Thursday, February 23, 2012

peter gabriel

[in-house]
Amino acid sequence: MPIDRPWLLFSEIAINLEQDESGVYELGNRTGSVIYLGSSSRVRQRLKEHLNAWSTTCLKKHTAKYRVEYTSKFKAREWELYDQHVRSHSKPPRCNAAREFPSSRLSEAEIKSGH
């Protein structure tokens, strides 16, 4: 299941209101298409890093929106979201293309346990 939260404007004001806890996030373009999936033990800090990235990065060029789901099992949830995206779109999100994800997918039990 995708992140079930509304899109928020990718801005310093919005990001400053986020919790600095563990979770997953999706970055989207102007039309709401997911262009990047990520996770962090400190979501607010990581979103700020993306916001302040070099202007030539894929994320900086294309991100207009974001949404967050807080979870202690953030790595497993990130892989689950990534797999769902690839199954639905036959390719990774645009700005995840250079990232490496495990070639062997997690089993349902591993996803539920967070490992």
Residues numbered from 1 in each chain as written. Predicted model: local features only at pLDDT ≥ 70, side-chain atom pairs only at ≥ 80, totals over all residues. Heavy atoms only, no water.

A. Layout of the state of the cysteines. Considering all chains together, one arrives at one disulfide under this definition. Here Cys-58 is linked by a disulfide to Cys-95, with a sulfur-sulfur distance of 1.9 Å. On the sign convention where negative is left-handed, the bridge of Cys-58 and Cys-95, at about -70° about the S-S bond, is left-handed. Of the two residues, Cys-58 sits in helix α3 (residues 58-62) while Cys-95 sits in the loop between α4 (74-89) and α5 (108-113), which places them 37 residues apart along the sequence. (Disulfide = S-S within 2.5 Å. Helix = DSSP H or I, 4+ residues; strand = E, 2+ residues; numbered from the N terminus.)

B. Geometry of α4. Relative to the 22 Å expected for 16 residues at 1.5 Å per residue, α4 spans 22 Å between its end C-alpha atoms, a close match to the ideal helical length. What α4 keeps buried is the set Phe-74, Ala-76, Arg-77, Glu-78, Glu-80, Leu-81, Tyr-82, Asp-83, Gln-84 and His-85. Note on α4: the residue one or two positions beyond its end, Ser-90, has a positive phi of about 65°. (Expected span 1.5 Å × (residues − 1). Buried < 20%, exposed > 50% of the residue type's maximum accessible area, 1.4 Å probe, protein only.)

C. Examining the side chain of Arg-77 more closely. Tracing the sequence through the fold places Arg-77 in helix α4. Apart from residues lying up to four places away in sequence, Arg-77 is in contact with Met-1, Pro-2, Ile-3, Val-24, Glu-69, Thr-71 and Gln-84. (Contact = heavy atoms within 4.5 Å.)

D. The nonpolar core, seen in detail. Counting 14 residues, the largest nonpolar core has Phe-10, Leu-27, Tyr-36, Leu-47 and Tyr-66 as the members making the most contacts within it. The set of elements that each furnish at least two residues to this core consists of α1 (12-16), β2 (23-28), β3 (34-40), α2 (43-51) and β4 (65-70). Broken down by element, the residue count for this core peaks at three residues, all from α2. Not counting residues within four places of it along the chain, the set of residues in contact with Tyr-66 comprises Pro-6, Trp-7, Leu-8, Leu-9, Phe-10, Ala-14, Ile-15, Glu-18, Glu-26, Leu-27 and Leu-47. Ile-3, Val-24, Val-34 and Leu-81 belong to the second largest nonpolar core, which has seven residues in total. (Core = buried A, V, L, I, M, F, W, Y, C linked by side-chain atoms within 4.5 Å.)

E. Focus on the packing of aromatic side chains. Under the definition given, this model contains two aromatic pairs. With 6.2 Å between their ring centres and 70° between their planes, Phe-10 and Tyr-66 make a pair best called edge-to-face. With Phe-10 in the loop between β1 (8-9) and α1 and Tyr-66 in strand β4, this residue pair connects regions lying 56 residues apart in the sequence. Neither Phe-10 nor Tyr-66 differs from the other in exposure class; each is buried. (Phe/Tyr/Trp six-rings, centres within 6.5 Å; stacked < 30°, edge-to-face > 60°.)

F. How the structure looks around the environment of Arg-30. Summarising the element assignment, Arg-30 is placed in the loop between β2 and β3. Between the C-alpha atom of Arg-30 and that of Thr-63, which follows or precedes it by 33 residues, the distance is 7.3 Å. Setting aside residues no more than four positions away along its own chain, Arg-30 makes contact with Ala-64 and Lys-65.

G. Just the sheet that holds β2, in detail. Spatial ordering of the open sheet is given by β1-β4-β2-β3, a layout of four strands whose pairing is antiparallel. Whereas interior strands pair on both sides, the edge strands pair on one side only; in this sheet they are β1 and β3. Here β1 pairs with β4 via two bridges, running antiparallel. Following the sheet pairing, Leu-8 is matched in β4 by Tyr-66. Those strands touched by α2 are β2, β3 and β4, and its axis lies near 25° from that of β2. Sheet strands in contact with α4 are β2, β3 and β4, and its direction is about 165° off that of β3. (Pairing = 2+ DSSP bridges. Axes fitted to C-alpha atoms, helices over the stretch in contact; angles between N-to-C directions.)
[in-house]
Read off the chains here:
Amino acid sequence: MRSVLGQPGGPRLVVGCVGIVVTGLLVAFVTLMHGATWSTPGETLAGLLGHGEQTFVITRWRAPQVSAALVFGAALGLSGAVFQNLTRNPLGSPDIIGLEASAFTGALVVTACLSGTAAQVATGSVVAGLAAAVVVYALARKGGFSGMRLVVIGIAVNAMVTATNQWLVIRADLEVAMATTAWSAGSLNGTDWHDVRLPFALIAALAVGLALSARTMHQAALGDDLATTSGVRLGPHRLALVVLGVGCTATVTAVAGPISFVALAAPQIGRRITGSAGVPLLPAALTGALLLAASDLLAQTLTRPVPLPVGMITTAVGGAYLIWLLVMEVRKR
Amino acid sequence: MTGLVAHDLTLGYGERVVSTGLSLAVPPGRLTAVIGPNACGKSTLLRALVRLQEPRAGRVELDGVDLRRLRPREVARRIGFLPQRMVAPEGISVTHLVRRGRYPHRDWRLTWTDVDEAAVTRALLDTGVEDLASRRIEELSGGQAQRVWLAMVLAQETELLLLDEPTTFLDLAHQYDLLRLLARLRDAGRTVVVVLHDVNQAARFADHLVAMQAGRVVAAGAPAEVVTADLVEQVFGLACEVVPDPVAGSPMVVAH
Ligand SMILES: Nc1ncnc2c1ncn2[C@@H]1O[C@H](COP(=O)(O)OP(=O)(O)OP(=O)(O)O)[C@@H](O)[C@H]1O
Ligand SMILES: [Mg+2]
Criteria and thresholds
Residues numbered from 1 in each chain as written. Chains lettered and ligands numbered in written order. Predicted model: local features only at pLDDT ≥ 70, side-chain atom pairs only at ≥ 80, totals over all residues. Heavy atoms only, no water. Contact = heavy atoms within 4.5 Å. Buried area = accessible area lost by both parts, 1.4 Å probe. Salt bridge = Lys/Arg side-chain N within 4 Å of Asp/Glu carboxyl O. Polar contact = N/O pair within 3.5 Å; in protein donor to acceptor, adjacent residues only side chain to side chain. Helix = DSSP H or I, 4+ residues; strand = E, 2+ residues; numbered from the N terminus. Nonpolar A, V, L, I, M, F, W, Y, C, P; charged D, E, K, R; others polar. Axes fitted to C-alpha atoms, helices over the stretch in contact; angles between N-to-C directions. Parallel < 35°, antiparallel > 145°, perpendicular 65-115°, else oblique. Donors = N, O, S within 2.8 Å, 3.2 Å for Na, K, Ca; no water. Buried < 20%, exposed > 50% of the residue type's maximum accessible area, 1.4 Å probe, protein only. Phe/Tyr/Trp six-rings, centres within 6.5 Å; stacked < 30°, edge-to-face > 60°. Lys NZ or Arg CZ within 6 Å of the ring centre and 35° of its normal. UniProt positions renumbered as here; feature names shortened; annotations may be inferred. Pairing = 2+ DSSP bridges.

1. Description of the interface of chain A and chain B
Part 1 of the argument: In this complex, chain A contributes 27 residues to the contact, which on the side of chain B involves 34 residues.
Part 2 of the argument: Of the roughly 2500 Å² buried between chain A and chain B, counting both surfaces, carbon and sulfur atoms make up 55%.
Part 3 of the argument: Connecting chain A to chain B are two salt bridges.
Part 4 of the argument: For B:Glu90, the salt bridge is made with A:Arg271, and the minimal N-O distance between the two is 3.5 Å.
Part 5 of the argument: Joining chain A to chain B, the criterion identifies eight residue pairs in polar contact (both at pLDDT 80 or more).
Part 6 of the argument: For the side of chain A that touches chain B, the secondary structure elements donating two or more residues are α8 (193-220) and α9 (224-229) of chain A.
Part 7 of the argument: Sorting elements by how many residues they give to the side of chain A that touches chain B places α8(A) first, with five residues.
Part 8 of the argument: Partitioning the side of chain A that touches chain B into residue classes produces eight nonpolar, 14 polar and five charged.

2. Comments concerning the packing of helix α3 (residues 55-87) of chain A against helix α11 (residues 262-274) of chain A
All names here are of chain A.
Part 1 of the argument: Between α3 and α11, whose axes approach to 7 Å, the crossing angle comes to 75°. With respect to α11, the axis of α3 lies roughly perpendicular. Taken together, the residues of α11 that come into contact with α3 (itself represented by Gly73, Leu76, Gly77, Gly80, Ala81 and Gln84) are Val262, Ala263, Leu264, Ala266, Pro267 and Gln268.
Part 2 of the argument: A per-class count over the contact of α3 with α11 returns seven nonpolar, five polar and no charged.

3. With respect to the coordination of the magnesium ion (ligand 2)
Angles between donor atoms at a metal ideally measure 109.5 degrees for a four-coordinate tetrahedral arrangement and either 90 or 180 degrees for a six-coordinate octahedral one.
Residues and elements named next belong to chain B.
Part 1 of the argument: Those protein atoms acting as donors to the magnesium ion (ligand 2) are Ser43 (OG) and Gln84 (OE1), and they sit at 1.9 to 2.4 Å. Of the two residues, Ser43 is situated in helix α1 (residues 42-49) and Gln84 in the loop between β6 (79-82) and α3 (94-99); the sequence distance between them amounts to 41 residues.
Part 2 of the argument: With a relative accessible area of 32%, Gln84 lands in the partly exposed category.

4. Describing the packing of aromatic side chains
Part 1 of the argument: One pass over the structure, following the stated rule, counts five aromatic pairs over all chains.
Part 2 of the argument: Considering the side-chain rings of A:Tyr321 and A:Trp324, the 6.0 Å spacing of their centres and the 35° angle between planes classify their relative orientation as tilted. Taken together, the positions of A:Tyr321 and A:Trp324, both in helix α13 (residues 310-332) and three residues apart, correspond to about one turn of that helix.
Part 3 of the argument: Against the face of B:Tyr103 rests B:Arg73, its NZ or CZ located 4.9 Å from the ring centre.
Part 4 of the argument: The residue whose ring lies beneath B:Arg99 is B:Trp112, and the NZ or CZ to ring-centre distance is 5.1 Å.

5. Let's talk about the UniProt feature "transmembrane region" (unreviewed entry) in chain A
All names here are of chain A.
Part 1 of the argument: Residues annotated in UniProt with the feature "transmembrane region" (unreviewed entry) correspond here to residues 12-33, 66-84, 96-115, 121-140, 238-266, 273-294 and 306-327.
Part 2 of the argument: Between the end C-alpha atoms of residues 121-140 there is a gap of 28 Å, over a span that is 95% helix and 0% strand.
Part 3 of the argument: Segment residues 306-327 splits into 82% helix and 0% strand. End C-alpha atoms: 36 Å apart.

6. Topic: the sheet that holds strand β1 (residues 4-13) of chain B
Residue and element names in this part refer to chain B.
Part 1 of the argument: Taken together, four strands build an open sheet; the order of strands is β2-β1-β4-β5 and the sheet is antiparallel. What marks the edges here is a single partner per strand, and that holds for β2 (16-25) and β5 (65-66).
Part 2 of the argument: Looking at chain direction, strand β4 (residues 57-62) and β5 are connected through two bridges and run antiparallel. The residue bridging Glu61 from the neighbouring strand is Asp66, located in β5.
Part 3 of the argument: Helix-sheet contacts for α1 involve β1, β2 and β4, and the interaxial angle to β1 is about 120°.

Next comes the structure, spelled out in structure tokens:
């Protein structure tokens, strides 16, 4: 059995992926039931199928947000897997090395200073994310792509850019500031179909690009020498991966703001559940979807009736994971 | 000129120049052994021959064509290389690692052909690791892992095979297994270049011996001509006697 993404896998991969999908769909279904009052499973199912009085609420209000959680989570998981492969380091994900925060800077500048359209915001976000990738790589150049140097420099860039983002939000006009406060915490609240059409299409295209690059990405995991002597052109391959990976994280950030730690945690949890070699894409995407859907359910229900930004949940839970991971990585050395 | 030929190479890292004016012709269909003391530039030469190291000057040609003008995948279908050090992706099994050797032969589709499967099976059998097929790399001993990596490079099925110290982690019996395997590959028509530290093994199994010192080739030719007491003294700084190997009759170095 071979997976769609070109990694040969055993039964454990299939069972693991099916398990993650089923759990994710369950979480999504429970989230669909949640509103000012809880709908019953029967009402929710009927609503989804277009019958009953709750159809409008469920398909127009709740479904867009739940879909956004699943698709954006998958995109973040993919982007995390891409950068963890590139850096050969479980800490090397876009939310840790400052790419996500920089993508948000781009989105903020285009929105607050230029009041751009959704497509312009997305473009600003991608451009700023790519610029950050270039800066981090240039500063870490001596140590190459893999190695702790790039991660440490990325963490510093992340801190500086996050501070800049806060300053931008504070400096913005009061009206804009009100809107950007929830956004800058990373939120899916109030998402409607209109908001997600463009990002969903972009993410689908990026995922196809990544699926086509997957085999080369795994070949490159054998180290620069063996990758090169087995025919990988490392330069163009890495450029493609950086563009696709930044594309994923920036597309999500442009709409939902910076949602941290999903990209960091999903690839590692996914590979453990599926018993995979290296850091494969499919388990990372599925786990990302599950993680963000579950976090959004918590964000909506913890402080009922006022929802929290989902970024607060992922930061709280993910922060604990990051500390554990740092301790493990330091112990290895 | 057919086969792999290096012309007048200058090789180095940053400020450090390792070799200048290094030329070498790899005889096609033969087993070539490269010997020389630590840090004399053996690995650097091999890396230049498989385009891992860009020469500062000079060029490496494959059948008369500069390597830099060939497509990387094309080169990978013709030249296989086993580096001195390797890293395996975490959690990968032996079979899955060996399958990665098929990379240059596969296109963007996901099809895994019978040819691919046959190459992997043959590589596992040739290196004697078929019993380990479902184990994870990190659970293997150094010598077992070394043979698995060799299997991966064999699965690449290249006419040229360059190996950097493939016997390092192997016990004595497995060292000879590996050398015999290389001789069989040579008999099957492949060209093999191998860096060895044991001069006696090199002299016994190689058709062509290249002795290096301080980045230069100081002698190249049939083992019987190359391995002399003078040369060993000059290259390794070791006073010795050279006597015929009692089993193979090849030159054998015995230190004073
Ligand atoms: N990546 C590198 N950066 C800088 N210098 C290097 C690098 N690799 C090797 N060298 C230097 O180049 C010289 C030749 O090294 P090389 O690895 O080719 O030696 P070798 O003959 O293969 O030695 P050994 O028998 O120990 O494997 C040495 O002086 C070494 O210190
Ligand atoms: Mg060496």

After taking time off with his new family, Peter Gabriel made his triumphant solo debut with the first of four eponymous albums. Gabriel decided to leave Genesis before the tour for 'The Lamb Lies Down on Broadway'; but didn't tell the rest of the band until the tour was over. He felt that he needed to stay at home with his new daughter Anna and his wife Jill rather than go back into the studio or on the road.